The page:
RamisOn Tuesday, Chicago’s famed improv theater Second City announced plans to open “the world’s first film school dedicated to comedy” and name it after Ramis, a Second City alum who wrote (and often directed, produced or acted in) such iconic films as National Lampoon’s Animal House, Caddyshack, Stripes, Ghostbusters and Groundhog Day.

And in honor of Ramis’ well-deserved honor and contributions to comedy, I thought I’d share with you five things that you might not already know about his fellow funnymen and women spawned from Second City.

Kings & Queens of Comedy

Since opening its doors in 1959, Second City has served as the launching pad for some of the biggest names in comedy. But do you realize just how many stars first cracked wise on its famous stage?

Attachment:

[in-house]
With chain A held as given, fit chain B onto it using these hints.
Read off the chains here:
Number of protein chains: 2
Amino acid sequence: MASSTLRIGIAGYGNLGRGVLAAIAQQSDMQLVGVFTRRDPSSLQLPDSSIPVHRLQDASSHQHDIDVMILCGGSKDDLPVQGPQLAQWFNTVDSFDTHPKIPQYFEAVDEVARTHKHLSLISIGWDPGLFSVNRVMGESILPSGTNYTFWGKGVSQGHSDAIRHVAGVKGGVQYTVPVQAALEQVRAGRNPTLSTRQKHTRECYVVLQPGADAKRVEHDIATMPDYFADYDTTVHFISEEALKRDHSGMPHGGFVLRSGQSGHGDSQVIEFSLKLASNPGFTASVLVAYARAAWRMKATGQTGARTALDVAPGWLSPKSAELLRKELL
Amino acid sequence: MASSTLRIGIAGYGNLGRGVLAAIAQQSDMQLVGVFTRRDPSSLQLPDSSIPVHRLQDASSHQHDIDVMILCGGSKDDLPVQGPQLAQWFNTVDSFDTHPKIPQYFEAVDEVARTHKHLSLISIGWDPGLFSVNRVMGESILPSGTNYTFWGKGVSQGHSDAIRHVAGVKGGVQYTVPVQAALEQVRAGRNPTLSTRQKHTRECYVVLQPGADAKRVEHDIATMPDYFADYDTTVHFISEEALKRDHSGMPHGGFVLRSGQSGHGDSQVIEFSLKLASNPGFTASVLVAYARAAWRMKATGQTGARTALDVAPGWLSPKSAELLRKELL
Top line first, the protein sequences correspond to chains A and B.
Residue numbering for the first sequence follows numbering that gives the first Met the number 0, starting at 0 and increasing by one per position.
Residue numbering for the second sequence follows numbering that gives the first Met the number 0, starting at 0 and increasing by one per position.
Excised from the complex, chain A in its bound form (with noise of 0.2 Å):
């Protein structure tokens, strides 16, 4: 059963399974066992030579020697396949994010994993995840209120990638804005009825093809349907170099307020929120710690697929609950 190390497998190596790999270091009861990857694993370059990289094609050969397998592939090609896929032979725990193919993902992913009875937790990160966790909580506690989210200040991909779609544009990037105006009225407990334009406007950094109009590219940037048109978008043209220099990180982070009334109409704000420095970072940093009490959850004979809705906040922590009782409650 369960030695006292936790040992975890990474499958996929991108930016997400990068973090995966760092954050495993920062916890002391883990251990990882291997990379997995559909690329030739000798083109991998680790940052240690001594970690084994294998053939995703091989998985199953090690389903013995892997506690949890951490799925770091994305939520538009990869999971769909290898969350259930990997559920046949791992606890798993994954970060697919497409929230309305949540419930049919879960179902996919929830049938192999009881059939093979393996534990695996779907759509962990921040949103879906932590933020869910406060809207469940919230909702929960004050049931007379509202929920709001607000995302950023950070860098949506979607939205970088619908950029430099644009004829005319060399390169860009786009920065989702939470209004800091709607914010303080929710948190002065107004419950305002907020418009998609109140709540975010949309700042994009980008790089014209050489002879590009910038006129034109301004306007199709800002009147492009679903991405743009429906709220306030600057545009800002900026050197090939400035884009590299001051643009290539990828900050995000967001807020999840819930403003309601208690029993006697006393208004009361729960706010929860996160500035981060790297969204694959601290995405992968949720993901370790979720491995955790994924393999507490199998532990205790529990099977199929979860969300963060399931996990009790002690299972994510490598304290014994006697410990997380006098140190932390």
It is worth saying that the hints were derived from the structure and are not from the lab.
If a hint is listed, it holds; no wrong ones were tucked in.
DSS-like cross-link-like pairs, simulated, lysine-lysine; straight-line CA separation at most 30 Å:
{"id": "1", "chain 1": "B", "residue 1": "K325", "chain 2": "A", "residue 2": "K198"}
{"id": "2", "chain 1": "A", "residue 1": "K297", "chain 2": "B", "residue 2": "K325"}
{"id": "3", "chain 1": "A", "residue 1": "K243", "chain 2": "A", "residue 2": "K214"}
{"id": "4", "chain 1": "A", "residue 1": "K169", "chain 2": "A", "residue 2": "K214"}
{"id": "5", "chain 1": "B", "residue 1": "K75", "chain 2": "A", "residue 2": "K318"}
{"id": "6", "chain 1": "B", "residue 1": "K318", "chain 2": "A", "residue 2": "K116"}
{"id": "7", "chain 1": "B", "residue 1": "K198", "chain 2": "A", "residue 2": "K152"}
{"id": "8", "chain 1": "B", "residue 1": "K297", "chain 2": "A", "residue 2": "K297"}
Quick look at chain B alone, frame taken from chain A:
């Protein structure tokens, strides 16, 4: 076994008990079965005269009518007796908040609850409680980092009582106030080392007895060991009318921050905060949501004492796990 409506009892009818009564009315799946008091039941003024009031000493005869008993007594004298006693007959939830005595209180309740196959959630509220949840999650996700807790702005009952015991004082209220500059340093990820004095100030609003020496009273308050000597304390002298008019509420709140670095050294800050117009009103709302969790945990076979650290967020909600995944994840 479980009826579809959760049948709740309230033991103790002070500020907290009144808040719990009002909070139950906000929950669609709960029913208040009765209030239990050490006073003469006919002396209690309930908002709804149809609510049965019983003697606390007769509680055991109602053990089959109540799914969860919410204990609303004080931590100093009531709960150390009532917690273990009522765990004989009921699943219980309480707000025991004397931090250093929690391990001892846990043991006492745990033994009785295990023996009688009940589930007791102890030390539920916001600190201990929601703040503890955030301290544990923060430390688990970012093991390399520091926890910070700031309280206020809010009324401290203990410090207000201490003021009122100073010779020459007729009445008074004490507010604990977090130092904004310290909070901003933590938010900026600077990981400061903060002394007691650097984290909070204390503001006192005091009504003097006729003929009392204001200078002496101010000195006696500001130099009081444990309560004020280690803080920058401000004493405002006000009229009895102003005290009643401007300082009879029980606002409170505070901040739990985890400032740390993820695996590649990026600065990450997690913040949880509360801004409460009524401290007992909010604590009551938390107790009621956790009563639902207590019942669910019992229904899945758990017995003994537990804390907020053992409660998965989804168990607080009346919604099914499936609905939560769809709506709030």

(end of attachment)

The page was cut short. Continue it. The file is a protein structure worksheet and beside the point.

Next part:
Here are some alumni: Alan Alda (1959), Ed Asner (1959), Alan Arkin (1960), Joan Rivers (1961), Fred Willard (1965), Peter Boyle (1967), Ramis (1969), John Belushi (1971), John Candy (1973), Bill Murray (1973), Dan Aykroyd (1974), Eugene Levy (1974), Gilda Radner (1974), George Wendt (1975), Shelley Long (1976) and Jim Belushi (1978).